She believed if she could just cry, this aching in her chest would go away. Indeed, during two sessions of supportive counseling, she was moved deeply to tears and her heartache went away – never to return. This experience of the heart as more than a physical organ is not limited to humans or even our closest primate relatives. A friend told me of her old dog’s reaction to her bringing home a new puppy. He went under the house, refused to eat and died.

Mindfulness is an increasingly popular and effective psychological tool for maintaining physical and emotional health and managing stress-related chronic conditions. Mindfulness practice systematically trains the mind to pay attention in a particular way, with curiosity, openness and acceptance. Despite its origins in ancient contemplative practices, mindfulness as taught today is primarily a scientifically validated tool for self-inquiry, self-acceptance and self-care. Another translation of the original word for mindfulness is heartfulness.

Practicing mindfulness naturally connects us to our own positive inner resources and attributes. Awareness of heartfelt emotion increases. Emotional intelligence and positive psychology grow. We learn to integrate our doing mode with our

feeling mode. In his poem, “Two Kinds of Intelligence,” Sufi poet Rumi describes the “freshness in the center of the chest” as an inner intelligence we all have inside, an innate human capacity for connection to our deepest, genuine selves and to other people.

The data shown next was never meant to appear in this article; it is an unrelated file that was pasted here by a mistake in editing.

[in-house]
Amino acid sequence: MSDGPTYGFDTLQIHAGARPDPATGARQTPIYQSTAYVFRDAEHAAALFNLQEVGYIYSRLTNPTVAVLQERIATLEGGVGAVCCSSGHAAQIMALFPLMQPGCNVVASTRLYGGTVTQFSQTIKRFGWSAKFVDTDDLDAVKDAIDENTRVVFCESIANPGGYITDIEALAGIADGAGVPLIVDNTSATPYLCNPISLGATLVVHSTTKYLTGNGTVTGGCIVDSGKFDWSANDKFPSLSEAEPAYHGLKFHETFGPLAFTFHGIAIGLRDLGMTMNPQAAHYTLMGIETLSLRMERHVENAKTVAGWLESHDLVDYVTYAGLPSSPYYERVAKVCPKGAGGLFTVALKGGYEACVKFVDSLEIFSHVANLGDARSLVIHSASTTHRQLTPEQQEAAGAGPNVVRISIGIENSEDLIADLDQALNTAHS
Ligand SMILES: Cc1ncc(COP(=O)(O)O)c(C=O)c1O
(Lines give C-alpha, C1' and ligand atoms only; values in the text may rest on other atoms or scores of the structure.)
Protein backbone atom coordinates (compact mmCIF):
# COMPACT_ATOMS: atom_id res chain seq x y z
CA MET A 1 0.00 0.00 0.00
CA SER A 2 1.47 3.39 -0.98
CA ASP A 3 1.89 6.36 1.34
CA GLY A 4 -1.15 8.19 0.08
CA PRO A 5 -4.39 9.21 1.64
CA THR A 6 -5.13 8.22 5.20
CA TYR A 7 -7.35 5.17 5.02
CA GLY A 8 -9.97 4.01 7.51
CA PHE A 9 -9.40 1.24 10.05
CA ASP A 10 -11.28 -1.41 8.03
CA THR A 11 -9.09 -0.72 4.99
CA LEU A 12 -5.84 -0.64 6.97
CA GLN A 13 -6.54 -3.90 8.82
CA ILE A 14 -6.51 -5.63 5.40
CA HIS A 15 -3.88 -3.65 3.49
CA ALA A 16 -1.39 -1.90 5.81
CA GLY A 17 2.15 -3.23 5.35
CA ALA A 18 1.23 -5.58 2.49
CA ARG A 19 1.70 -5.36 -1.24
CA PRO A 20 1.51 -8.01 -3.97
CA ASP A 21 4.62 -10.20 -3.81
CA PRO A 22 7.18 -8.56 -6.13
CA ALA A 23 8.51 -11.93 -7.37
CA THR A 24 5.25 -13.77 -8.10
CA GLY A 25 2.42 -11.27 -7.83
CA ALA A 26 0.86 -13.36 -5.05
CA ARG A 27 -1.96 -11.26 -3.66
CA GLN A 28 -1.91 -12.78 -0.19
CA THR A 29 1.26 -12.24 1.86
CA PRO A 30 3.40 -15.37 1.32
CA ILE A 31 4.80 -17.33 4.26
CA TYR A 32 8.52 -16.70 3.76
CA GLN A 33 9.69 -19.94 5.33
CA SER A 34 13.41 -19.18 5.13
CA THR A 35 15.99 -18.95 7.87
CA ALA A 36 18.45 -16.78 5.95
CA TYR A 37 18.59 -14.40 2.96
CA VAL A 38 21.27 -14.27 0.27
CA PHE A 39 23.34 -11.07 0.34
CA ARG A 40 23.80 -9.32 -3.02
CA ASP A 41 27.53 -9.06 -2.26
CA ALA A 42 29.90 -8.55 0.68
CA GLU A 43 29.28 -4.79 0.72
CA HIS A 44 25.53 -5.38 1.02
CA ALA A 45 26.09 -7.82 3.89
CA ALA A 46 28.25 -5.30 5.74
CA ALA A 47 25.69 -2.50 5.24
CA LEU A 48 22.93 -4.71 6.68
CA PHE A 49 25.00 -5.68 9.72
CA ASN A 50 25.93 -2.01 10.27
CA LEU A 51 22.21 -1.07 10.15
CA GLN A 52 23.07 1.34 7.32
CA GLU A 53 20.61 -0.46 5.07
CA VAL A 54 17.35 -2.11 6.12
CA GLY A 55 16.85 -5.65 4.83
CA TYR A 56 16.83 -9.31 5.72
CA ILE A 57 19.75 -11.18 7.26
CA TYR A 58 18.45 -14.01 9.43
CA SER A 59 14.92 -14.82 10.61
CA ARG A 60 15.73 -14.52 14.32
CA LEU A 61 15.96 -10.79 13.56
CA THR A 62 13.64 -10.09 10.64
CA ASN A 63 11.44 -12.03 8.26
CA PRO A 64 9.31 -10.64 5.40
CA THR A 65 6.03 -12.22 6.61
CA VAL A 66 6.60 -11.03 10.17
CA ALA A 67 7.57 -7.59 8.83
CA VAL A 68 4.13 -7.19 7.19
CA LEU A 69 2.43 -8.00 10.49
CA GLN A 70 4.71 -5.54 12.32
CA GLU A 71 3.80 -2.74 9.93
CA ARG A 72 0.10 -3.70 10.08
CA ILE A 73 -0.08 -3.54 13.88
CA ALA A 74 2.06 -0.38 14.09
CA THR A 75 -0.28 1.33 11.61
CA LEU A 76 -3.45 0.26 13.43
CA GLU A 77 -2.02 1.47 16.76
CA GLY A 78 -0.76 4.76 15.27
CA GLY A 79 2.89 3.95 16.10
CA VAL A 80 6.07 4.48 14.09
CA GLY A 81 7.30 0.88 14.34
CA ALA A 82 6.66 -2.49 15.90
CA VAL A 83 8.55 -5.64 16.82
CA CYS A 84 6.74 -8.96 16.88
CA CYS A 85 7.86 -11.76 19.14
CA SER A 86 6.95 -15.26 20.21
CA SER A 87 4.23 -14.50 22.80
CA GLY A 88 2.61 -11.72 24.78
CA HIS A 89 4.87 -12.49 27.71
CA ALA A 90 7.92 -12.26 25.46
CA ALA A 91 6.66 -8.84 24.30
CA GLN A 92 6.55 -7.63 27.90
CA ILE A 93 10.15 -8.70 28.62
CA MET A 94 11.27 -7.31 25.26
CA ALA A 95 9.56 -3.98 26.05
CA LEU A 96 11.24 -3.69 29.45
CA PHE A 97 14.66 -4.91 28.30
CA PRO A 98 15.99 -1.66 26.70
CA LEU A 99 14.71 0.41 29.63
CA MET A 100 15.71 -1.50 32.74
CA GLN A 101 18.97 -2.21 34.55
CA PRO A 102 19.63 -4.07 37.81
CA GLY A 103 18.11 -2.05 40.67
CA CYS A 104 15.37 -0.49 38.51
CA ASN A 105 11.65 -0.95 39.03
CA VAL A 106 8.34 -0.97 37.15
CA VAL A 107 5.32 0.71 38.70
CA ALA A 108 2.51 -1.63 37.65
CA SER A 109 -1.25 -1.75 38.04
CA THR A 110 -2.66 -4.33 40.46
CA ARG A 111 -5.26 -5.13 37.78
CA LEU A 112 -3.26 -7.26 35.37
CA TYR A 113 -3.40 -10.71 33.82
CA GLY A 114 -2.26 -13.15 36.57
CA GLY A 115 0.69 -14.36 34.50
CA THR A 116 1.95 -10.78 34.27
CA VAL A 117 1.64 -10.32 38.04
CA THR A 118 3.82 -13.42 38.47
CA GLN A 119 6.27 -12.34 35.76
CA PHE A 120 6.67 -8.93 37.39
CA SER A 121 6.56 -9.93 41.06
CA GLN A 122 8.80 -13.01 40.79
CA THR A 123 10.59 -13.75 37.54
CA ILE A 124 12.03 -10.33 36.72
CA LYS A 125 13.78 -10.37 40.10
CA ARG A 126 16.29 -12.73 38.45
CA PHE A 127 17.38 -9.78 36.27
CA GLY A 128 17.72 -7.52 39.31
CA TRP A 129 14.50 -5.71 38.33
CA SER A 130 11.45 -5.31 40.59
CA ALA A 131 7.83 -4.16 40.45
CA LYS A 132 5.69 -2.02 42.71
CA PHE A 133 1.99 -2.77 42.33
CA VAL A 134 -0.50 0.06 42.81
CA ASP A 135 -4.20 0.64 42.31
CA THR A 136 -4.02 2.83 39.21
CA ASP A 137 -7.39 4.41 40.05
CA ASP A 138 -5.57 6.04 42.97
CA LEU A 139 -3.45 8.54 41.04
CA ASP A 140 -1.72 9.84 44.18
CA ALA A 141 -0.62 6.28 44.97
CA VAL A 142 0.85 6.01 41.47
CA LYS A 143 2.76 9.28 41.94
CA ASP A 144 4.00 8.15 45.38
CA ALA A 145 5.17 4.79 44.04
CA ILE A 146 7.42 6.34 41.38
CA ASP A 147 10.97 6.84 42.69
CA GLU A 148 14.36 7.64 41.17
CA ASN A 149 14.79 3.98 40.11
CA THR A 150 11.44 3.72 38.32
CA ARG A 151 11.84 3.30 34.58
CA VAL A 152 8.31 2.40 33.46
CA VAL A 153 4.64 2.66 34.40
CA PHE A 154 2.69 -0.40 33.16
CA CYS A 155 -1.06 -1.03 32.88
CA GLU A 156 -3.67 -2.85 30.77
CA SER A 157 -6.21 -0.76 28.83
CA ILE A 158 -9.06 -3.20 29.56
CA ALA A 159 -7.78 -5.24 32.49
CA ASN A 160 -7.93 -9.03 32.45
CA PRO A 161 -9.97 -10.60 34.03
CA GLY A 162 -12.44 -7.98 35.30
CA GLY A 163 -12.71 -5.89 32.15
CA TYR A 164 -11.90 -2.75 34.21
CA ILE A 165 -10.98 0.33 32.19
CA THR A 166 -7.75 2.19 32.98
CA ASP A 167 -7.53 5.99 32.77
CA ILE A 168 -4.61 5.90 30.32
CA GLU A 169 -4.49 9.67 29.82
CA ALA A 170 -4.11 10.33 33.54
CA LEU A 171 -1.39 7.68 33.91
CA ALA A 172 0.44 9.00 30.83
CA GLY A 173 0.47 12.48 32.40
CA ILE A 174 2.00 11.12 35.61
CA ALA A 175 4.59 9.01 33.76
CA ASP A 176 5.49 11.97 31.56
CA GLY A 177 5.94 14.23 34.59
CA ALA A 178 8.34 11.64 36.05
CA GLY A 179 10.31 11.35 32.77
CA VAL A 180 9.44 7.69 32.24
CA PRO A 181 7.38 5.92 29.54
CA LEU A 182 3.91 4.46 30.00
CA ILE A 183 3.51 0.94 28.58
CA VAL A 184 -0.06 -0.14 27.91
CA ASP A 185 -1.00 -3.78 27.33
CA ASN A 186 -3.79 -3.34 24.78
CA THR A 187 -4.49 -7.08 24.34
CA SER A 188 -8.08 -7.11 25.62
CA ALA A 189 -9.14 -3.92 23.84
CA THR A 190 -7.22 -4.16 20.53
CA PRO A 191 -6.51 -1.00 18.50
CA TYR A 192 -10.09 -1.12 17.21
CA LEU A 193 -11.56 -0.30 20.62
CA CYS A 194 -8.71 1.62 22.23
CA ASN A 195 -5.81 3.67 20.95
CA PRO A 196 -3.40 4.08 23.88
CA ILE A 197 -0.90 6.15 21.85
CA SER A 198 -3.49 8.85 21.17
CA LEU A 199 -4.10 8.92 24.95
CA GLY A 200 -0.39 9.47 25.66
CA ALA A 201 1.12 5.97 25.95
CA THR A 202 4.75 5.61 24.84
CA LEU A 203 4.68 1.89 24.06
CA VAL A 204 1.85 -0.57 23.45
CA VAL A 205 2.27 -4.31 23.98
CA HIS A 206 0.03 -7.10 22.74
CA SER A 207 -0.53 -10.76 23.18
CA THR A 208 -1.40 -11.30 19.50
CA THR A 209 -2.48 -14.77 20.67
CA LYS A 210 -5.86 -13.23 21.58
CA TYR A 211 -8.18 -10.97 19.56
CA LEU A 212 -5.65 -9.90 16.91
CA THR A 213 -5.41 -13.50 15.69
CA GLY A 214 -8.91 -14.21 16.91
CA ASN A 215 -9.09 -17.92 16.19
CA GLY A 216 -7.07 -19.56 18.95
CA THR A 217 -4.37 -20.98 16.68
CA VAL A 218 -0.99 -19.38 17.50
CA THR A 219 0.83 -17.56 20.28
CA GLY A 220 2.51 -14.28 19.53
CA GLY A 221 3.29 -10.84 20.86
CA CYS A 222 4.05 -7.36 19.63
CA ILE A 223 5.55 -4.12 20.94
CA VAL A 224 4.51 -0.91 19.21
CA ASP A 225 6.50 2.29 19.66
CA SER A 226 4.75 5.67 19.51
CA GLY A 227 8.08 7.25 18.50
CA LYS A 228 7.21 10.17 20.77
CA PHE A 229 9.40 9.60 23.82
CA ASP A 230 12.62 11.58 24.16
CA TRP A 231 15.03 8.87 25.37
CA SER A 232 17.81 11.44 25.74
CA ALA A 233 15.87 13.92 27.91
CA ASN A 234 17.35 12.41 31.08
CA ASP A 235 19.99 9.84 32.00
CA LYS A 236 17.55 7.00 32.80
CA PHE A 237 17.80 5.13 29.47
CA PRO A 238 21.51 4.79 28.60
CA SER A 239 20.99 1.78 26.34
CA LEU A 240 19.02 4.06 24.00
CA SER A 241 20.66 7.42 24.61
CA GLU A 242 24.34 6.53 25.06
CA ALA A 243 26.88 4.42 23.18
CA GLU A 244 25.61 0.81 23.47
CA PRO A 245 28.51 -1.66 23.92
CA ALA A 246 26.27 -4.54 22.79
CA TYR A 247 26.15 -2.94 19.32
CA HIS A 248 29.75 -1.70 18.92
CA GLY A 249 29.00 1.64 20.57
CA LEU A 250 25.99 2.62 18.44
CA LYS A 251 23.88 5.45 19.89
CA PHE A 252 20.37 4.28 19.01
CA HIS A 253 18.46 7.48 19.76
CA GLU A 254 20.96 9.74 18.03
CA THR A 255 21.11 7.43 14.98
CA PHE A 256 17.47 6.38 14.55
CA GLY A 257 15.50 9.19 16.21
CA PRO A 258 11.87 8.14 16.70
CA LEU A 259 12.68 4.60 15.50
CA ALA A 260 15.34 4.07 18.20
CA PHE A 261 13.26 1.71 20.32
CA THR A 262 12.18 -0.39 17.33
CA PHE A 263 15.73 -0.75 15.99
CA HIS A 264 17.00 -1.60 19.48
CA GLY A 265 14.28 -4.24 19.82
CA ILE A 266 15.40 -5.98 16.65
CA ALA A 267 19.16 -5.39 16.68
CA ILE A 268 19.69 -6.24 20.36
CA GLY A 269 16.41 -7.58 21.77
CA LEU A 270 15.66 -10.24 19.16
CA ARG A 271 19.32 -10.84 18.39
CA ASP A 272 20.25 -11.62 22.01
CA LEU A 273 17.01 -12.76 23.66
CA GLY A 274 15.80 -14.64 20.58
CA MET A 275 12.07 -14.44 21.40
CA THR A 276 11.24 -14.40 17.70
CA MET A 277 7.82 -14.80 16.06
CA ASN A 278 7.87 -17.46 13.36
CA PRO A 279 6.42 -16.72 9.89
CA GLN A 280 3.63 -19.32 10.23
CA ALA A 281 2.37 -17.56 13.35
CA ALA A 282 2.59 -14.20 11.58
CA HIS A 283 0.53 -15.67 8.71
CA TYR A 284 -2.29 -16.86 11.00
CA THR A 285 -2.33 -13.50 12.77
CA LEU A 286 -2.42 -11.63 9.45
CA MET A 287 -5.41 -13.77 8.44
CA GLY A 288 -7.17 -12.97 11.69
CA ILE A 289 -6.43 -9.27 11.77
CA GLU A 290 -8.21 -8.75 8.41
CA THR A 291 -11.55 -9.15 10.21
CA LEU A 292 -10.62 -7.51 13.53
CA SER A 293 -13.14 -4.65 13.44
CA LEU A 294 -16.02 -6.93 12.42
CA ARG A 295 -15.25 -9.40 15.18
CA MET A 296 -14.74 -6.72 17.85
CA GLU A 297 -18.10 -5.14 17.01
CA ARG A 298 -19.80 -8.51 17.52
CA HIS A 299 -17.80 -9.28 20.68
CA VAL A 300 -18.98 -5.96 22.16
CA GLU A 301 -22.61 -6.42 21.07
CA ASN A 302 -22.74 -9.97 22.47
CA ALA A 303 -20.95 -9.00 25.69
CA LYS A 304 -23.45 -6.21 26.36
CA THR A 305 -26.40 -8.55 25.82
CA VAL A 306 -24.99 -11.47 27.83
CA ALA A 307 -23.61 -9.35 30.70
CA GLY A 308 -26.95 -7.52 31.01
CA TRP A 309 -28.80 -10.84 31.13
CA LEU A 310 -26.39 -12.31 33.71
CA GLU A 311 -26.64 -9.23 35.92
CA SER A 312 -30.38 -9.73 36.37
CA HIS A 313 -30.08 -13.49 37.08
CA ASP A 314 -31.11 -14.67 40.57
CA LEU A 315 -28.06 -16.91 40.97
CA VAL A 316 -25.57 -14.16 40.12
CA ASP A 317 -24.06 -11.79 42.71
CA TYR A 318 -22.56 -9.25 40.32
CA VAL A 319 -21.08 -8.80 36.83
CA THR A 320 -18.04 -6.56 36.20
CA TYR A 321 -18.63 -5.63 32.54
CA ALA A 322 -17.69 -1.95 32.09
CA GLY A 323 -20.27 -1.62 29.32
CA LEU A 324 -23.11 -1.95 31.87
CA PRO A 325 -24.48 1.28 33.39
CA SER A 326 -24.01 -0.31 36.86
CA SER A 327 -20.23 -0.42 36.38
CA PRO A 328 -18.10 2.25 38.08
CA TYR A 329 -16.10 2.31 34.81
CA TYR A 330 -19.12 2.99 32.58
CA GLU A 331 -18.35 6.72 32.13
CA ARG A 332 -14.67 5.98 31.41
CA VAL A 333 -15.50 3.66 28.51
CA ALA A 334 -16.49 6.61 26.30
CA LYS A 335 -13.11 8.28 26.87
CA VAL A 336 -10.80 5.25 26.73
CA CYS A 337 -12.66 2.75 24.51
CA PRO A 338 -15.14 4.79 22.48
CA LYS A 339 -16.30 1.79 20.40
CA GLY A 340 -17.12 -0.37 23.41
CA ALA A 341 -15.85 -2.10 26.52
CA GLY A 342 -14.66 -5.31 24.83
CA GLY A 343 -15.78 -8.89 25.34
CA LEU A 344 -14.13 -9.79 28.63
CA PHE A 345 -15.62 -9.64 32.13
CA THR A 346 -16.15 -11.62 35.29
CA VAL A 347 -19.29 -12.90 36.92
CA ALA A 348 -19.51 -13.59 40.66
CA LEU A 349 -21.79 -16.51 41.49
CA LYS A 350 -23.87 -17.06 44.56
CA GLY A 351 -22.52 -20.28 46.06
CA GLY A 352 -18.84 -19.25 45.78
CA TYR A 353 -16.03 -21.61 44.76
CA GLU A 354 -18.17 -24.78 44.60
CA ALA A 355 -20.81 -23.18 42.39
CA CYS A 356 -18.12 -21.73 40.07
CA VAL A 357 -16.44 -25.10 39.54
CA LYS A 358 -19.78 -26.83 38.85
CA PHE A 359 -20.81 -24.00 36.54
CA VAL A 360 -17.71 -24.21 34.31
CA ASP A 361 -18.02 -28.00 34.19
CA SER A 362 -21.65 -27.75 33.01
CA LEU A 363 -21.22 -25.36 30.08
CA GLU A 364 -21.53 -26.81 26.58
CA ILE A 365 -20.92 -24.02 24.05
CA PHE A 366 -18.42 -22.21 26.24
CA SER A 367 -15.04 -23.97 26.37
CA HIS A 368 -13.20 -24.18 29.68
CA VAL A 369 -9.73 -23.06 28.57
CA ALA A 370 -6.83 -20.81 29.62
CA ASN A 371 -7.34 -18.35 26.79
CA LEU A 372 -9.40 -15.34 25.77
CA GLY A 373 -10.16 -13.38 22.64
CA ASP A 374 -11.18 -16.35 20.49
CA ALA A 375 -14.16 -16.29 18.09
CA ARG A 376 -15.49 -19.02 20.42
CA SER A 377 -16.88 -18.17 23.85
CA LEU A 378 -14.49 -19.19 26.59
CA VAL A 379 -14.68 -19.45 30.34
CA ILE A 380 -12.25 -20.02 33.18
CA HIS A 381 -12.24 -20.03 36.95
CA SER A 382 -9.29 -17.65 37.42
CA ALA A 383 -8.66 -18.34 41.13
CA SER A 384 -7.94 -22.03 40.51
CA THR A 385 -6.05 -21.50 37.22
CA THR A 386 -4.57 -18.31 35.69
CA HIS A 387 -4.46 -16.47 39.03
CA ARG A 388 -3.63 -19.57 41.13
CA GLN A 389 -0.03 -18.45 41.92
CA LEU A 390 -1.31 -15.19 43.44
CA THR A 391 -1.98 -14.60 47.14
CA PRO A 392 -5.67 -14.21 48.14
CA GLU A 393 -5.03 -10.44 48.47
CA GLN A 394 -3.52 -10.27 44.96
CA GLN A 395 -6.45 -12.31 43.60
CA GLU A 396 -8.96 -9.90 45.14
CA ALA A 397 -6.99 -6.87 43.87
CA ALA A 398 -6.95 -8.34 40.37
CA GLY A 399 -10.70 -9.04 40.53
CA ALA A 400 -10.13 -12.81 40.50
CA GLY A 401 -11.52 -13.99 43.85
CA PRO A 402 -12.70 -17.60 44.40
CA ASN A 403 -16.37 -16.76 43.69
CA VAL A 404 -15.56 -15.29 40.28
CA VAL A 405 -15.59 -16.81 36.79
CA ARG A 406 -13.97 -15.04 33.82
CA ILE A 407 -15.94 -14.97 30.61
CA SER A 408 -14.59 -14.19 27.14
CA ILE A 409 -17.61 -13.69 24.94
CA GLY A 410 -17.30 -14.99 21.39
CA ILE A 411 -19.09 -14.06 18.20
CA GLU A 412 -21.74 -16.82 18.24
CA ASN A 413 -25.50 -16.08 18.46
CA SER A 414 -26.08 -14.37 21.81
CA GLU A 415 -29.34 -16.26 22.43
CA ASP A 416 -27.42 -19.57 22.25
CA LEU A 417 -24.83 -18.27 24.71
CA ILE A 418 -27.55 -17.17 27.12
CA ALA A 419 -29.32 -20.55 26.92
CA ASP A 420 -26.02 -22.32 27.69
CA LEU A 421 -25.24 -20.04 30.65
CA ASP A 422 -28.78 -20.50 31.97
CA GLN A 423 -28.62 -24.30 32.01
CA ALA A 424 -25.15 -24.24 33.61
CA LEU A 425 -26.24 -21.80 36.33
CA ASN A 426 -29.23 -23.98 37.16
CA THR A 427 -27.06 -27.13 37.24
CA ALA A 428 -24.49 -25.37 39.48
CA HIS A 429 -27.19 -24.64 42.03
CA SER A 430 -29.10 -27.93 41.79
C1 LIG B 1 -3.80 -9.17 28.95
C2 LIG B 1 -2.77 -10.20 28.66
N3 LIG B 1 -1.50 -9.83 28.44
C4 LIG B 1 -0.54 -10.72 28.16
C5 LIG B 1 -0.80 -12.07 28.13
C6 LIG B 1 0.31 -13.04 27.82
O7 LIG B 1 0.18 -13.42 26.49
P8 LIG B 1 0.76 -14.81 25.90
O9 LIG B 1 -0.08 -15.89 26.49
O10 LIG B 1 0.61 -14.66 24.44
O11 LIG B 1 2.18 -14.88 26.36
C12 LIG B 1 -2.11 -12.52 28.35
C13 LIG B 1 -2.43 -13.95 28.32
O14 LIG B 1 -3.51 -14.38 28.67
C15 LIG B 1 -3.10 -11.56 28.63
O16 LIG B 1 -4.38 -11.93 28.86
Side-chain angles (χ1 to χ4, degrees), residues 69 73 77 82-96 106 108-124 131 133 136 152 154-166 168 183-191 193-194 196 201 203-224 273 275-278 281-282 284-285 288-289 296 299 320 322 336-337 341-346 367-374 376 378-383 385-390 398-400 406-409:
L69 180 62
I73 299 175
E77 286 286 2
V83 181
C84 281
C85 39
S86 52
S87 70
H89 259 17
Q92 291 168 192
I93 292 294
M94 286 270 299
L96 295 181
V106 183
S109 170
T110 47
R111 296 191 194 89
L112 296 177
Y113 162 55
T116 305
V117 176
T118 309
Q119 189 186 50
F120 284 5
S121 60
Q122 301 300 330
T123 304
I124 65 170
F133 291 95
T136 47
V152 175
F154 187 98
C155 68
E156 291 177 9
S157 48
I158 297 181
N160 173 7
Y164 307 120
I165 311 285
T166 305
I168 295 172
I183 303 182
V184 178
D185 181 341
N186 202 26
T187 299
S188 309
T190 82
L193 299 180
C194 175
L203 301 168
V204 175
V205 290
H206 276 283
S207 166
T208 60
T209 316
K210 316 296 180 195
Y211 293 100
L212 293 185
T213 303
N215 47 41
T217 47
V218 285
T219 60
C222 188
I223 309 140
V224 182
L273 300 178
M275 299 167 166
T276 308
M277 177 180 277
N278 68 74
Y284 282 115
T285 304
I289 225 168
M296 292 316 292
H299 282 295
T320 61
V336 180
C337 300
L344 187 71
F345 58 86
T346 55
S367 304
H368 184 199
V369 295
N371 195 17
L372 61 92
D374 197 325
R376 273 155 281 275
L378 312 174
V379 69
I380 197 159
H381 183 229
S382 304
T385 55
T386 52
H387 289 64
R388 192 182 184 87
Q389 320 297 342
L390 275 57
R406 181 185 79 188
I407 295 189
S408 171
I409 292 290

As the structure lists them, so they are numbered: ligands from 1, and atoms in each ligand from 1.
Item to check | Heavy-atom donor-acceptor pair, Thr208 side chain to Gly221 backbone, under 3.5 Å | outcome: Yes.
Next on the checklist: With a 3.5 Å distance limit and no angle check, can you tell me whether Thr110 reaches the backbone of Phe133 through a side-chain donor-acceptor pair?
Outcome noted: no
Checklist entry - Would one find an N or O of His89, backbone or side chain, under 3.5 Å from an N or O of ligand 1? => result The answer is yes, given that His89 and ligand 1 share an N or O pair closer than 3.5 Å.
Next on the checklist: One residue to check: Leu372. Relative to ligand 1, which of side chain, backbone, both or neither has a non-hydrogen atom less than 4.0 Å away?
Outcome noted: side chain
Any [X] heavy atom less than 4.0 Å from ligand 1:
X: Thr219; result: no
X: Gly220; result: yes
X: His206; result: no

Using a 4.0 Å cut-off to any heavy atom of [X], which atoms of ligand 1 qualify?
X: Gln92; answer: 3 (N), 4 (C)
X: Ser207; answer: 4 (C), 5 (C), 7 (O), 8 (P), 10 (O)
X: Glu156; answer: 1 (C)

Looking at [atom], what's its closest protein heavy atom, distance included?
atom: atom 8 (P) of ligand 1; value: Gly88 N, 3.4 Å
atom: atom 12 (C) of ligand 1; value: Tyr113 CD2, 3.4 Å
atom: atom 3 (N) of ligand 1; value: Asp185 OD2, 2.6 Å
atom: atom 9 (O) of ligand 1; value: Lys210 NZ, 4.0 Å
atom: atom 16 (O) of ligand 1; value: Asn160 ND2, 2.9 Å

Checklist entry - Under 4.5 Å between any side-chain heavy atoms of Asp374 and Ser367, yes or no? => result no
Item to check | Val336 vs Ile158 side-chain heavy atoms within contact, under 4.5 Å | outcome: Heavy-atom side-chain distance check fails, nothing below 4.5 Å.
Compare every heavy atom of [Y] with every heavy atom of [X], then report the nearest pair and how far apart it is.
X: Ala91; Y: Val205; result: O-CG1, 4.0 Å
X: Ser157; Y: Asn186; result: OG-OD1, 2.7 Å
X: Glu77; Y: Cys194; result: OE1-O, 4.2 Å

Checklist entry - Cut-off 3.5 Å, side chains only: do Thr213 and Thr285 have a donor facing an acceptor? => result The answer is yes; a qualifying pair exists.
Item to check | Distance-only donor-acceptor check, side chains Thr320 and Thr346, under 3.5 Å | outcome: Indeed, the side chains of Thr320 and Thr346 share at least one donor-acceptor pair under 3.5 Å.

Mindfulness can include practices that actively cultivate attributes of the heart. Some of those attributes include forgiveness, loving kindness, compassion and gratitude. Modern medical and psychological research is increasingly suggesting cultivation of these attributes of the heart is associated with positive health outcomes.

Forgiveness research suggests choosing to let go of resentment and revenge can actually add years to your life. Research also suggests regularly practicing loving kind-ness toward yourself and others can result in a clearer purpose in life, increased social support, decreased illness symptoms and life satisfaction as well as reduced depressive symptoms. The vision of compassion research at Stanford School of Medicine is to raise appreciation of compassion as an integral component of human health and to develop science-based practices for cultivating it. Research on gratitude shows significant positive impacts on personal well-being, life satisfaction and relationships.

Whether you are healthy or have a chronic medical condition, mindfulness practices may enhance your physical and emotional well-being and relationships. They may even extend your life.



Dr. John Patterson is past president of the Kentucky Academy of Family Physicians and is board certified in family medicine and integrative holistic medicine. He is on the family practice faculty at the University of Kentucky College of Medicine and the University of Louisville School of Medicine, Saybrook University’s School of Mind Body Medicine (San Francisco) and the Center for Mind Body Medicine (Washington, D.C.). He operates the Mind Body Studio in Lexington, where he offers integrative medicine consultations